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ETL Backup

Kubecost's ETL is a computed cache based on Prometheus's metrics, from which the user can perform all possible Kubecost queries. The ETL data is stored in a PersistentVolume mounted to the kubecost-cost-analyzer pod.
There are a number of reasons why you may want to backup this ETL data:
  • to ensure a copy of your Kubecost data exists, so that you can restore the data if needed
  • if you would like to reduce the amount of data stored in Prometheus (15 day retention window by default) or Thanos

Option 1: Backup via Bash script

The simplest way to backup Kubecost's ETL is to copy the pod's ETL store to your local disk. You can then send that file to any other storage system of your choice. We provide a script to do that.
To restore the backup, untar the results of the etl-backup script into the ETL directory pod.
kubectl cp -c cost-model <untarred-results-of-script> <kubecost-namespace>/<kubecost-pod-name>/var/configs/db/etl
There is also a Bash script available to restore the backup here.

Option 2: Automated durable ETL backups and monitoring

We provide cloud storage backups for ETL backing storage. Backups are not the typical approach of "halt all reads/writes and dump the database." Instead, the backup system is a transparent feature that will always ensure that local ETL data is backed up, and if local data is missing, it can be retrieved from backup storage. This feature protects users from accidental data loss by ensuring that previously backed up data can be restored at runtime.
Note: Durable backup storage functionality is only part of Kubecost Enterprise.
When the ETL pipeline collects data, it stores both daily and hourly (if configured) cost metrics on a configured storage. This defaults to a persistent volume based disk storage, but can be configured to use external durable storage on the following providers:
  • AWS S3
  • Azure Blob Storage
  • Google Cloud Storage

Step 1: Create storage configuration secret

This configuration secret follows the same layout documented for Thanos here: https://thanos.io/v0.21/thanos/storage.md
You will need to create a file named object-store.yaml using the chosen storage provider configuration (documented below), and run the following command to create the secret from this file:
kubectl create secret generic <YOUR_SECRET_NAME> -n kubecost --from-file=object-store.yaml
Note: The file must be named object-store.yaml
Existing Thanos users
If you have already configured Thanos following this documentation, you can reuse the previously created bucket configuration secret.
Setting .Values.kubecostModel.etlBucketConfigSecret=kubecost-thanos will enable the backup feature. This will backup all ETL data to the same bucket being used by Thanos.
S3
The configuration schema for S3 is documented here: S3 Storage. For reference, here's an example:
type: S3
config:
bucket: "my-bucket"
endpoint: "s3.amazonaws.com"
region: "us-west-2"
access_key: "<AWS_ACCESS_KEY>"
secret_key: "<AWS_SECRET_KEY>"
insecure: false
signature_version2: false
put_user_metadata:
"X-Amz-Acl": "bucket-owner-full-control"
Google Cloud Storage
The configuration schema for Google Cloud Storage is documented here: Google Cloud Storage Storage. For reference, here's an example:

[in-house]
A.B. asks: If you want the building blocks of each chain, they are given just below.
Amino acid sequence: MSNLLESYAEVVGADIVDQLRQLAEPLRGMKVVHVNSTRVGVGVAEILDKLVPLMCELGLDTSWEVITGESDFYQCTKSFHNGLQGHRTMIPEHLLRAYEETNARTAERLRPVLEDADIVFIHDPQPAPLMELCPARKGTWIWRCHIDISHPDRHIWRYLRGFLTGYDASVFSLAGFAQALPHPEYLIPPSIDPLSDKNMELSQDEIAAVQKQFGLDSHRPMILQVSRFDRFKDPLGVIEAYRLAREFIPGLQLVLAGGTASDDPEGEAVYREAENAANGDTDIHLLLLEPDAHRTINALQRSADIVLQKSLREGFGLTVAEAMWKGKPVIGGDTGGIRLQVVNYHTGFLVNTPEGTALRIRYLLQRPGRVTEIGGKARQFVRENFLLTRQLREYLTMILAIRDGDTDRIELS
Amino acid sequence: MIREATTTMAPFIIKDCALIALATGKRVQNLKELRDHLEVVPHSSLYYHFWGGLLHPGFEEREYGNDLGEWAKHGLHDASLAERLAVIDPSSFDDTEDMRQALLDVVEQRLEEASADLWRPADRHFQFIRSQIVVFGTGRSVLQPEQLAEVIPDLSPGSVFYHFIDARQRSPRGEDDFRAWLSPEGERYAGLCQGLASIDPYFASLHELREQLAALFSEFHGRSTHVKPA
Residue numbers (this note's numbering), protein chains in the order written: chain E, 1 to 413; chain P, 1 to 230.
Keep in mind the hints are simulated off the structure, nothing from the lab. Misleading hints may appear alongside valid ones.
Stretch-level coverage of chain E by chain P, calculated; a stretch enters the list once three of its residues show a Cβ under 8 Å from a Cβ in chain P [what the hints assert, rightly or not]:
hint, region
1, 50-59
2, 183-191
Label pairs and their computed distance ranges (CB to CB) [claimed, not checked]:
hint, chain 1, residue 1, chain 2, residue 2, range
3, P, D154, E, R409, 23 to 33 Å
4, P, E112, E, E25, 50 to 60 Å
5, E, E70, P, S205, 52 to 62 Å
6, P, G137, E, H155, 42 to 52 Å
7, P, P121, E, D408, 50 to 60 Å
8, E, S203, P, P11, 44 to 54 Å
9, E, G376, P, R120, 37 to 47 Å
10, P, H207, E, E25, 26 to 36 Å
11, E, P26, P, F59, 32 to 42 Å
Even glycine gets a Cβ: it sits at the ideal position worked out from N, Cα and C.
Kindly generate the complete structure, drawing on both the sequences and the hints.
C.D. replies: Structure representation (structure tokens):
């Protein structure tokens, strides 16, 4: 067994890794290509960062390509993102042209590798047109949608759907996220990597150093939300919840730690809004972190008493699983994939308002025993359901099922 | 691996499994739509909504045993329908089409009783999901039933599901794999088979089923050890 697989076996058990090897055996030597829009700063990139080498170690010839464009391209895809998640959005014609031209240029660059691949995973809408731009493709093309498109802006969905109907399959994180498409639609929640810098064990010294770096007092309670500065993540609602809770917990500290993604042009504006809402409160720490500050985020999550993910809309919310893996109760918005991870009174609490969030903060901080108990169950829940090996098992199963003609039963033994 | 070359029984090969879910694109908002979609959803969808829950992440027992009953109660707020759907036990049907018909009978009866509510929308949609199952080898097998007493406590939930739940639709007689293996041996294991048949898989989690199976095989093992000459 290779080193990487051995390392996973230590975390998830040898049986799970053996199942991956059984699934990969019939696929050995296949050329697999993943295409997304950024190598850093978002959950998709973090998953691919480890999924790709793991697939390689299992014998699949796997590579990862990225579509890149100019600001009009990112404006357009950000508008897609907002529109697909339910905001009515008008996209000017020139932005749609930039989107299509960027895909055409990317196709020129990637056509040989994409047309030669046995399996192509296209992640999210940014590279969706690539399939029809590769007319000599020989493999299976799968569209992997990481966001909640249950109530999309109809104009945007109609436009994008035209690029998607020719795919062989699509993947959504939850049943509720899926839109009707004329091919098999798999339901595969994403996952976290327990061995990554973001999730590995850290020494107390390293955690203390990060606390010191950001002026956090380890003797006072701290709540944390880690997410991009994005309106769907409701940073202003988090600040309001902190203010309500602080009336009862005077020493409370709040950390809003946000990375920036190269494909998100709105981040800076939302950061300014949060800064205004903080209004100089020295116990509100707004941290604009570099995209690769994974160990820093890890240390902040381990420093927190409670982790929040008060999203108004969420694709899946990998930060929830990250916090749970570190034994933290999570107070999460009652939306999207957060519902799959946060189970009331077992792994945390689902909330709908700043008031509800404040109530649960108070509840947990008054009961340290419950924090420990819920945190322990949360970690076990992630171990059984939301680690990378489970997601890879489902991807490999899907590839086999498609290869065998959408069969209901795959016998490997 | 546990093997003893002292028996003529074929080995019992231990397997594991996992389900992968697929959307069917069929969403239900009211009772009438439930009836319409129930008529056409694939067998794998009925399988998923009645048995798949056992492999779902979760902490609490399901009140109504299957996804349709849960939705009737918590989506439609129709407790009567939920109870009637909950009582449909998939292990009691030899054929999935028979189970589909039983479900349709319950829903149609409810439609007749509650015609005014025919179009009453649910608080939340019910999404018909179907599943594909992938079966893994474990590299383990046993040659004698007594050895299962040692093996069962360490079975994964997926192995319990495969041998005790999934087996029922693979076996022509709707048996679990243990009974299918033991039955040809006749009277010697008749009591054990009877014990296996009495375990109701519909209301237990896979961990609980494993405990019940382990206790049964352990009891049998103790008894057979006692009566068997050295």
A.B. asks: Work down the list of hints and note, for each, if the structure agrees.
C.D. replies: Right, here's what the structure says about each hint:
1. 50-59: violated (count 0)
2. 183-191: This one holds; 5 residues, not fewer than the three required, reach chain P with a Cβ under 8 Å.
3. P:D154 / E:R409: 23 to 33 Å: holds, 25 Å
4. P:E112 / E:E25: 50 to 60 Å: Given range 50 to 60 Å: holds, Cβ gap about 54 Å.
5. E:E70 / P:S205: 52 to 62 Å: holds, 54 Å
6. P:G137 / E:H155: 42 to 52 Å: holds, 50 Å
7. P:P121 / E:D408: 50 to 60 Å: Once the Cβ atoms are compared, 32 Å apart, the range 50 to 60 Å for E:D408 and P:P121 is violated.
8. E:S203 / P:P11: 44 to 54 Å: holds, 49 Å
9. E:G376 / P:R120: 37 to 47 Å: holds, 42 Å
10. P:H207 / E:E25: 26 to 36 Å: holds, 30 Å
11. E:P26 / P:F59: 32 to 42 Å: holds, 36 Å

type: GCS
config:
bucket: "my-bucket"
service_account: |-
{
"type": "service_account",
"project_id": "project",
"private_key_id": "abcdefghijklmnopqrstuvwxyz12345678906666",
"private_key": "-----BEGIN PRIVATE KEY-----\...\n-----END PRIVATE KEY-----\n",
"client_email": "[email protected]",
"client_id": "123456789012345678901",
"auth_uri": "https://accounts.google.com/o/oauth2/auth",
"token_uri": "https://oauth2.googleapis.com/token",
"auth_provider_x509_cert_url": "https://www.googleapis.com/oauth2/v1/certs",
"client_x509_cert_url": "https://www.googleapis.com/robot/v1/metadata/x509/kubecost%40gitpods.iam.gserviceaccount.com"
}
Azure
The configuration schema for Azure is documented here: Azure Storage. For reference, here's an example:
type: AZURE
config:
storage_account: "<STORAGE_ACCOUNT>"
storage_account_key: "<STORAGE_ACCOUNT_KEY>"
container: "my-bucket"
endpoint: ""

Step 2: Enable ETL backup in Helm values

If Kubecost was installed via Helm, ensure the following values are set.
kubecostModel:
etlFileStore: true
etlBucketConfigSecret: <YOUR_SECRET_NAME>

Compatibility

If you are using an existing disk storage option for your ETL data, enabling the durable backup feature will retroactively back up all previously stored data*. This feature is also fully compatible with the existing S3 backup feature.
* If you are using a memory store for your ETL data with a local disk backup (kubecostModel.etlFileStoreEnabled: false), the backup feature will simply replace the local backup. In order to take advantage of the retroactive backup feature, you will need to update to file store (kubecostModel.etlFileStoreEnabled: true). This option is now enabled by default in the helm chart.

Monitoring

Currently, this feature is still in development, but there is currently a status card available on the diagnostics page that will eventually show the status of the backup system:
Diagnostic ETL Backup Status

Troubleshooting

In some scenarios like when using Memory store, setting kubecostModel.etlHourlyStoreDurationHours to a value of 48 hours or less will cause ETL backup files to become truncated. The current recomendation is to keep etlHourlyStoreDurationHours at its default of 49 hours.